https://www.google.com/maps/d/embed?mid=1wbDaNu0HqWltTLCAM0DHT8Mxl04&hl=en” target=”_blank”>Becuna Map
For my web mapping project, I used Google’s My Map project to map the journey of the USS Becuna from 1946 through 1953. The locations came from a timeline created by the Independence Seaport Museum and supplemented by primary sources from the archives at Naval History and Heritage Command. The locations were chosen to show the change in where the Becuna was used during its service, as it served in the Pacific during World War II but was moved to the Atlantic during the Cold War. The use of the map helps emphasis this shift and makes visual the primary sources that stressed the use of submarines in the Pacific against the Japanese and the shift to their use in the Atlantic against the Soviets after the war. Thus this map could be used to demonstrate how the change occurred rather than just listing the places the Becuna served. Furthermore, in a Public History setting, a map of where the Becuna went would be more engaging to the visitors and help them see the changes.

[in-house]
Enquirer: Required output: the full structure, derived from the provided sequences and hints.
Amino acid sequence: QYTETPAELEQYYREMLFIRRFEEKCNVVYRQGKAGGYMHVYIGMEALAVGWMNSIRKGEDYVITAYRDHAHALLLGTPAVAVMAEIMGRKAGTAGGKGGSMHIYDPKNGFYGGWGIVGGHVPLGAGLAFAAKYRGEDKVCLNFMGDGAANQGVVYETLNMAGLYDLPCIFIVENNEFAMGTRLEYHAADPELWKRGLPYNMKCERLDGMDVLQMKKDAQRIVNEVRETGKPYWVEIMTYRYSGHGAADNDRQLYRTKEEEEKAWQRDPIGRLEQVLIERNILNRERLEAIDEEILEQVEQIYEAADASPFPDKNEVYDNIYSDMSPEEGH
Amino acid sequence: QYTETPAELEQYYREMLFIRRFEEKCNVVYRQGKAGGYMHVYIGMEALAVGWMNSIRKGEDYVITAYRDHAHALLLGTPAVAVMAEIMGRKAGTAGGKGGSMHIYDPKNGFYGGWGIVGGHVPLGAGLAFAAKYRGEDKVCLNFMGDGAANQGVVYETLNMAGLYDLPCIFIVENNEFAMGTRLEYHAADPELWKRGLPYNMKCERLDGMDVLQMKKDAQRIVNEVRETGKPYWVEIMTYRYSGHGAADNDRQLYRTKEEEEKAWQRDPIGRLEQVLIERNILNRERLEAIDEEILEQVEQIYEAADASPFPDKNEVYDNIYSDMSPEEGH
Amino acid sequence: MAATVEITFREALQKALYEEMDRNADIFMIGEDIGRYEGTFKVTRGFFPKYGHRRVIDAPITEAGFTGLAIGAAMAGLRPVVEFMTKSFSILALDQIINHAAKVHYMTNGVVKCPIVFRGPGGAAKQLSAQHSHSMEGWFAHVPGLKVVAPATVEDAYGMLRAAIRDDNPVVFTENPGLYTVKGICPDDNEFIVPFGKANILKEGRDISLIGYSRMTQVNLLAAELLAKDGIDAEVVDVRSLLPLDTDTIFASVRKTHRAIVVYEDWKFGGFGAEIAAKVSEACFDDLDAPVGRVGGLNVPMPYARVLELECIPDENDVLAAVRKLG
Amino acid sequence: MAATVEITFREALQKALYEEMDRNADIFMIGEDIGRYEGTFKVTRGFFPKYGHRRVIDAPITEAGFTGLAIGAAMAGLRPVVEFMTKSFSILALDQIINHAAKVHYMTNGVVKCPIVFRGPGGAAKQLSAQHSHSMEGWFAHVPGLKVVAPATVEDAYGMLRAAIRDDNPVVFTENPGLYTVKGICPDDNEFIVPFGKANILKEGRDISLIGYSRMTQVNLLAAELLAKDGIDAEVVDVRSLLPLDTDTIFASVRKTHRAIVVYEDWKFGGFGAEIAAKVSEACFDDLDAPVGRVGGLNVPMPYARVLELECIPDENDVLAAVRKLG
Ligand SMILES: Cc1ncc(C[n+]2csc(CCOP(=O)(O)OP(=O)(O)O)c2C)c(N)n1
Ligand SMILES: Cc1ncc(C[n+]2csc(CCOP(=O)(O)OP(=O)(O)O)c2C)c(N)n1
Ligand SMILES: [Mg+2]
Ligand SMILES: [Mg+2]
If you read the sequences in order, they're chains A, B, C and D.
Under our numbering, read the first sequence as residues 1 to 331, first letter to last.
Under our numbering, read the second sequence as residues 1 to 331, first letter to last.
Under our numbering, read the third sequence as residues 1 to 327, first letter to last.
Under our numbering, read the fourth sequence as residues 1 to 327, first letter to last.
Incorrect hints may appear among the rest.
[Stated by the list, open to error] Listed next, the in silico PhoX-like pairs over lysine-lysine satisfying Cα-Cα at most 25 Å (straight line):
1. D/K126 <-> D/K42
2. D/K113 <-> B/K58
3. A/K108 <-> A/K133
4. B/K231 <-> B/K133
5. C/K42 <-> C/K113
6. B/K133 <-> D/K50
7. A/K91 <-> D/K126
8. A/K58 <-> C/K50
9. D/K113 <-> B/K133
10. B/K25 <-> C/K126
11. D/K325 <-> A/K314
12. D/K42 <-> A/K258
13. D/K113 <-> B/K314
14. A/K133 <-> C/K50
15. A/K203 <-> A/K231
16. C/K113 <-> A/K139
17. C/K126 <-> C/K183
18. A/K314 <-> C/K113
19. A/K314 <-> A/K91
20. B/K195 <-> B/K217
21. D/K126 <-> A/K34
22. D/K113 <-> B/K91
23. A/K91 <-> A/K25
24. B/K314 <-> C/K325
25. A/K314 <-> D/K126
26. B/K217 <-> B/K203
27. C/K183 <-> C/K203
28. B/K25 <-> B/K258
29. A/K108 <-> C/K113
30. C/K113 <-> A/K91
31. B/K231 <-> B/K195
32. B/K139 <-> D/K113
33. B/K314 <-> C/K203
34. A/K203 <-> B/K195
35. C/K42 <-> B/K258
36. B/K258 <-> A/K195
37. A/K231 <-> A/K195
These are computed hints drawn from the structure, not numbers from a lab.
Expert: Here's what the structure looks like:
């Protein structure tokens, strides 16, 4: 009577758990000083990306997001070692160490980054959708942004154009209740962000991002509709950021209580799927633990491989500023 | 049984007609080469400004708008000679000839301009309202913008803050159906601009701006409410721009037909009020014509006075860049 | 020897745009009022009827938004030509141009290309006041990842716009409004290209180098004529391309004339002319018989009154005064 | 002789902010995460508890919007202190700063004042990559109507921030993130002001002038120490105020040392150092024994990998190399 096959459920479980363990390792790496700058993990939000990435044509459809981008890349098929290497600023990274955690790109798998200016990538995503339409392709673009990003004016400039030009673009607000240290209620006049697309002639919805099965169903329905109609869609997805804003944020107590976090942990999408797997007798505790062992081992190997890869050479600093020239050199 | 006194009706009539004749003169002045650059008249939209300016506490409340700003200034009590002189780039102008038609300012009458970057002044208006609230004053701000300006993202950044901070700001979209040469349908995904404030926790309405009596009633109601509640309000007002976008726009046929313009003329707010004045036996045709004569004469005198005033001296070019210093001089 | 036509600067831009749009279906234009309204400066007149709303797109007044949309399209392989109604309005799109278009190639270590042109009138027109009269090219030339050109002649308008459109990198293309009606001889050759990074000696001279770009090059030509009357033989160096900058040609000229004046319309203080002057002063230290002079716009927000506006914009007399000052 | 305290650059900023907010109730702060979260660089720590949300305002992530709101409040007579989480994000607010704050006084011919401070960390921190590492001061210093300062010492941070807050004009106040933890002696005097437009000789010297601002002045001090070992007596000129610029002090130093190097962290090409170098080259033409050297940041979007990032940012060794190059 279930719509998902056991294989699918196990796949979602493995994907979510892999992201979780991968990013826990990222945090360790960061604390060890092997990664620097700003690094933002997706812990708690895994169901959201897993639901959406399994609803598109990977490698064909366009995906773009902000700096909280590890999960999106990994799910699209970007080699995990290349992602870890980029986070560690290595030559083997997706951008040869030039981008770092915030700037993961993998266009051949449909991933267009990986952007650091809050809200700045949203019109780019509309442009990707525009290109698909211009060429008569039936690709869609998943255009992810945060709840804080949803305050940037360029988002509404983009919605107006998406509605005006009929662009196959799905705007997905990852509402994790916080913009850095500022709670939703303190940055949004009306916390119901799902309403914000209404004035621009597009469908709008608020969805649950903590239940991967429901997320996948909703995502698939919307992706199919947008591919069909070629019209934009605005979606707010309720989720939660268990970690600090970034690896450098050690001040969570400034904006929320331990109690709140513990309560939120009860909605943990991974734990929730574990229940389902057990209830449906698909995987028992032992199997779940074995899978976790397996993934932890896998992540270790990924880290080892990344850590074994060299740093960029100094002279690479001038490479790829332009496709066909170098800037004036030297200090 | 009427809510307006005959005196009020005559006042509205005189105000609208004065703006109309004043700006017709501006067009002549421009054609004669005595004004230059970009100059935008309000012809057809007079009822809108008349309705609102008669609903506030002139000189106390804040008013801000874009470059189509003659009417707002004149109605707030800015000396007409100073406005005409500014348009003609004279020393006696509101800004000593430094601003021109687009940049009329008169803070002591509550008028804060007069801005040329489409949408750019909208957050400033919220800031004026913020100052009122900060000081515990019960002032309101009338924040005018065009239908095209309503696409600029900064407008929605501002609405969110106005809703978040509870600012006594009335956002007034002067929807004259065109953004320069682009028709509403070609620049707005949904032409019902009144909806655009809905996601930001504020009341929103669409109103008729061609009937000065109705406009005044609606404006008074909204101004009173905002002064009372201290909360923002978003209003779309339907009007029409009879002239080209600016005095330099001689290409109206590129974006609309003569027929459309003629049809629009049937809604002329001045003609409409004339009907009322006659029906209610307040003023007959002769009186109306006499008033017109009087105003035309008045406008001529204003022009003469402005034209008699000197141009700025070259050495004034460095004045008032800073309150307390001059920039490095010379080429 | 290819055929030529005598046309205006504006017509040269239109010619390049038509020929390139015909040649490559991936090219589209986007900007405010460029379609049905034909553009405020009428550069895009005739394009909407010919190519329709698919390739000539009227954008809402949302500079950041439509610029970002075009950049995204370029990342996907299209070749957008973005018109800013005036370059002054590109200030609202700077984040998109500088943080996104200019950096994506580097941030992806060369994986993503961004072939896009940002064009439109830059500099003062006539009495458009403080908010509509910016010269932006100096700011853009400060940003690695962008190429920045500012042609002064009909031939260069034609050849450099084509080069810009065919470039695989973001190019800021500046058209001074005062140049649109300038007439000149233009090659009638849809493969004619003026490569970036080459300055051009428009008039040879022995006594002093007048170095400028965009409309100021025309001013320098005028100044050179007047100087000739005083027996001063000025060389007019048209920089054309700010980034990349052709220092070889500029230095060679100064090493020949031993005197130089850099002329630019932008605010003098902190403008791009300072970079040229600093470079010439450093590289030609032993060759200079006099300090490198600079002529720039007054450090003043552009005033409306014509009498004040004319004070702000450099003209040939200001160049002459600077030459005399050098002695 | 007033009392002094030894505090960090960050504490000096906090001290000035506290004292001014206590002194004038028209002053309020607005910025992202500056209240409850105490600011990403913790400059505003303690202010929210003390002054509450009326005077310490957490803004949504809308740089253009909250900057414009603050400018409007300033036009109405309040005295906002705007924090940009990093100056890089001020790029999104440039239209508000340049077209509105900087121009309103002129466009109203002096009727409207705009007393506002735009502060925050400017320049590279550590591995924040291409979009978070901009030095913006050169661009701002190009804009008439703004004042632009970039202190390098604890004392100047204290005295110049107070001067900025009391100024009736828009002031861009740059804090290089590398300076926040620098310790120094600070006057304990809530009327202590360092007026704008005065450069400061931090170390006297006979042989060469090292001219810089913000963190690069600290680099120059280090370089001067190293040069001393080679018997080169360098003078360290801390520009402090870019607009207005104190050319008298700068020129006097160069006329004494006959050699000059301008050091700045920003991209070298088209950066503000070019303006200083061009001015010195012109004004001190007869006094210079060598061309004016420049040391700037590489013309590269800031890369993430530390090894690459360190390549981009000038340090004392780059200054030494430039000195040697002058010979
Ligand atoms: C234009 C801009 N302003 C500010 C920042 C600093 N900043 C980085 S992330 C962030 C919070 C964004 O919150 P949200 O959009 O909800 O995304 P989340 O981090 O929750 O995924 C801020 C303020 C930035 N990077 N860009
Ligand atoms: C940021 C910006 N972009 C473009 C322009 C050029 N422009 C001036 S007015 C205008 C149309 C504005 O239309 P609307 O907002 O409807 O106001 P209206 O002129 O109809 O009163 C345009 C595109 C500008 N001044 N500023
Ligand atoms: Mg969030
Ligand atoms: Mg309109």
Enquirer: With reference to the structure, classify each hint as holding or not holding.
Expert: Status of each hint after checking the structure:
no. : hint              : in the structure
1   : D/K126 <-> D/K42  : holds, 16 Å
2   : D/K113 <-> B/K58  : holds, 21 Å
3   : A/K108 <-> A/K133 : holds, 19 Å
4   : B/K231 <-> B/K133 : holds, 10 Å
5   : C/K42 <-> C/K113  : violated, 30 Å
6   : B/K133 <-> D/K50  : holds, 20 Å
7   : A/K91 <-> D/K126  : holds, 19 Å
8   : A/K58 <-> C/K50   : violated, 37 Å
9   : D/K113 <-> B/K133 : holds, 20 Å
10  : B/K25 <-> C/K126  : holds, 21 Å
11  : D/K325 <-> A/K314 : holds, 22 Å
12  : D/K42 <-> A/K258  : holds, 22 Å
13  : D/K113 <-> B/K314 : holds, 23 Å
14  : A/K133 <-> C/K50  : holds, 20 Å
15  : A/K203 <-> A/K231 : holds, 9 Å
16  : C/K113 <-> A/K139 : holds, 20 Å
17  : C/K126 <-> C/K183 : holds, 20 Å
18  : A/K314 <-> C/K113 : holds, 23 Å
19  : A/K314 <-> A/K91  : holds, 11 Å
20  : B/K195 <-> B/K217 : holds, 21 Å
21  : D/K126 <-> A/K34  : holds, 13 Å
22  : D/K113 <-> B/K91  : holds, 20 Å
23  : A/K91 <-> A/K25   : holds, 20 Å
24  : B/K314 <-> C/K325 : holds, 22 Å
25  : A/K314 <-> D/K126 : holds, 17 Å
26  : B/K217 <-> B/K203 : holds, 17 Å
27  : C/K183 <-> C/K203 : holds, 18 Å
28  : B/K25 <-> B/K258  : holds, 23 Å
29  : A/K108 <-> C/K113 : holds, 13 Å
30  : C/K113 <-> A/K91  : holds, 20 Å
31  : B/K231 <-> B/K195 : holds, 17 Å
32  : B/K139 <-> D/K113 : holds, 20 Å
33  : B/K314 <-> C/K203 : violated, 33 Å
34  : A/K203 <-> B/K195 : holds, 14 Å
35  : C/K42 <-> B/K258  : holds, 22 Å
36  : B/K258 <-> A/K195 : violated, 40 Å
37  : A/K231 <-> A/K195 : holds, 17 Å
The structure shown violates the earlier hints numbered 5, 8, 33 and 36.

However, there were some challenges in making the map, mainly stemming from the lack of detail in the timeline and primary sources. For instance, the Becuna’s visit to Scotland in 1953 does not have an exact location in the reports nor does it have a more specific time then the month. This made it difficult to place marker, since it would place the marker in the middle of country. However, one benefit of using Google’s My Maps was that it made it easy to move the markers from the middle of a country to the coast. Still a concern in using the map is that any place used on the coast would be arbitrary and could misled users into thinking that was the official place it went. Thus while the map is quite useful in visualizing the travels of the Becuna, it is difficult to use in a formal capacity due to the lack of detail into its actual movements.